December 7, 2007

Pierre's Souffle

Recently, Pierre was in a playful mood and decided to have a bit of fun with a soufflé recipe.  A soufflé is a puffy, light creation that usually begins with a thick egg yolk mixture that is made fluffy and airy by folding in stiffly beaten egg whites and then baked in the oven, typically in a straight-sided traditional soufflé dish.  A soufflé can be either savory or sweet and can be made with many different ingredients.  On this particular day, Pierre chose to make a savory concoction incorporating four different cheeses and chopped pecans.  What was so much fun was seeing all the different cooking vessels he used, from tiny egg cups, to espresso cups, to copper pans.




The soufflés turned out beautifully – all puffed and golden!  They also tasted incredibly delicious.  The four different cheeses gave so much depth of flavor and the pecans, a wonderful sweet and nutty addition.  Another wonderful lunch for the lucky employees at my house that day.  Oh, and here’s a tip from Pierre.  He says that in France there is a saying that a soufflé waits for no one.  Although people think that baking a soufflé is tricky, it’s really not.  The important thing to remember is to have your guests assembled and ready to eat it as it emerges from the oven because a soufflé will deflate quickly right before your eyes!

The ingredients
The Recipe

Preheat oven to 375 degrees

5        tablespoons unsalted butter
4        tablespoons flour
1 ¾    cups whole milk
1        teaspoon salt
½        cup Gruyere, shredded
½        Gouda, shredded
½        cup blue cheese, crumbled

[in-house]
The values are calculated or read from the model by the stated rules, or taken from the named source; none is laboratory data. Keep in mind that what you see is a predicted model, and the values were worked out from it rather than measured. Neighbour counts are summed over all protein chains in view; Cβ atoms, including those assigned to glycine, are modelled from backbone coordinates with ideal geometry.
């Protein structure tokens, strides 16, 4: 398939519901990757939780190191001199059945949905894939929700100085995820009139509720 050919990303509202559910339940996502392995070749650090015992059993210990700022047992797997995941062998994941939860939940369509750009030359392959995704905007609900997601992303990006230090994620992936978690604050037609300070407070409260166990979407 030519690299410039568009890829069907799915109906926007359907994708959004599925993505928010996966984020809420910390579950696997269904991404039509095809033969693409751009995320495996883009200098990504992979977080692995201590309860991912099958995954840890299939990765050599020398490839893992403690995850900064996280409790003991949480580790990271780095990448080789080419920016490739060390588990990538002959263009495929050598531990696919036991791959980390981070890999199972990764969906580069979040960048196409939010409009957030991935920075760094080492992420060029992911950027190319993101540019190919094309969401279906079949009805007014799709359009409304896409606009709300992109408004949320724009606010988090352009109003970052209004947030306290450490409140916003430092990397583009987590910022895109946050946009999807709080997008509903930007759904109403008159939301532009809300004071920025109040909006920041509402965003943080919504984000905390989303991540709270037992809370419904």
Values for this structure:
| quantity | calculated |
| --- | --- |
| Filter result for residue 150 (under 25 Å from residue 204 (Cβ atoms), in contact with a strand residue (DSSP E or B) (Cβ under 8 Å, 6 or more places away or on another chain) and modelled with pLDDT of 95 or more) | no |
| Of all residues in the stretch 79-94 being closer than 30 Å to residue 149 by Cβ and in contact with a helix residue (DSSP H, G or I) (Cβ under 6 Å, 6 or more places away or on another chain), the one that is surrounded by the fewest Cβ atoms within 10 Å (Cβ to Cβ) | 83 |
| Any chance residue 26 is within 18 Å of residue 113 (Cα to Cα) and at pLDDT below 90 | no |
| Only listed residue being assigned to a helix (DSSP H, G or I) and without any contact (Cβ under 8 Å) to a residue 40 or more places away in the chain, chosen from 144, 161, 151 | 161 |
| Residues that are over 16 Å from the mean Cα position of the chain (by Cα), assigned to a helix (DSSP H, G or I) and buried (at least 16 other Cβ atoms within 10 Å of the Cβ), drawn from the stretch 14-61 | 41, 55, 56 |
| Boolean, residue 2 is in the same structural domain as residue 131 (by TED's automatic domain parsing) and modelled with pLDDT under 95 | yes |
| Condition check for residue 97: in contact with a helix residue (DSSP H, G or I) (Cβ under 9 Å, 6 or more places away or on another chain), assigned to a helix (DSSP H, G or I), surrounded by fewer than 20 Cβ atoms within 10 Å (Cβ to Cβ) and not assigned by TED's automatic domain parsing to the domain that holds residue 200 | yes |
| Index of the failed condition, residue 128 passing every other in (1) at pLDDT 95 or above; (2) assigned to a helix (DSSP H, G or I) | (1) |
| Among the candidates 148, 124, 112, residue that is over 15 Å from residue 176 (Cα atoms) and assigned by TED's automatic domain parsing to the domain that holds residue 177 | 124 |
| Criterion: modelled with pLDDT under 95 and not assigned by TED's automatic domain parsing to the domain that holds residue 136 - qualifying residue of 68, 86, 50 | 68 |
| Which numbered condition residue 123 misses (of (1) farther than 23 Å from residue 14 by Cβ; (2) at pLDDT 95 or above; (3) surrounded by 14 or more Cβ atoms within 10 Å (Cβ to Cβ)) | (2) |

½        cup grated Parmesan
7        eggs, separated
1/3        cup chopped pecans

Butter the soufflé dish or other containers and dust lightly with flour, shaking off the excess.

Melt the butter in a heavy saucepan over medium heat.  Whisk in the flour and cook for one minute, stirring frequently.  This is called a roux.  Add the milk and the salt to the roux and cook, stirring constantly for two minutes, until thick and smooth.  This is called a béchamel.  Lower the heat, add the cheeses and stir to melt.  Remove from heat and whisk the egg yolks and the pecans into the béchamel.  Place the mixture in the refrigerator for several minutes to cool down a bit.

Add a pinch of salt to the egg whites and using an electric mixer, whisk until stiff.  Fold the whites into the béchamel one-third at a time and pour into prepared container or containers to about a half-inch from the top.  Set the containers on a shallow baking pan and place in the oven.  Tiny soufflés will take about 6 to 8 minutes, medium size about 10 – 12 minutes, and large, about 20 – 30 minutes.  The soufflé should be lightly browned and quite puffy.  Serve immediately.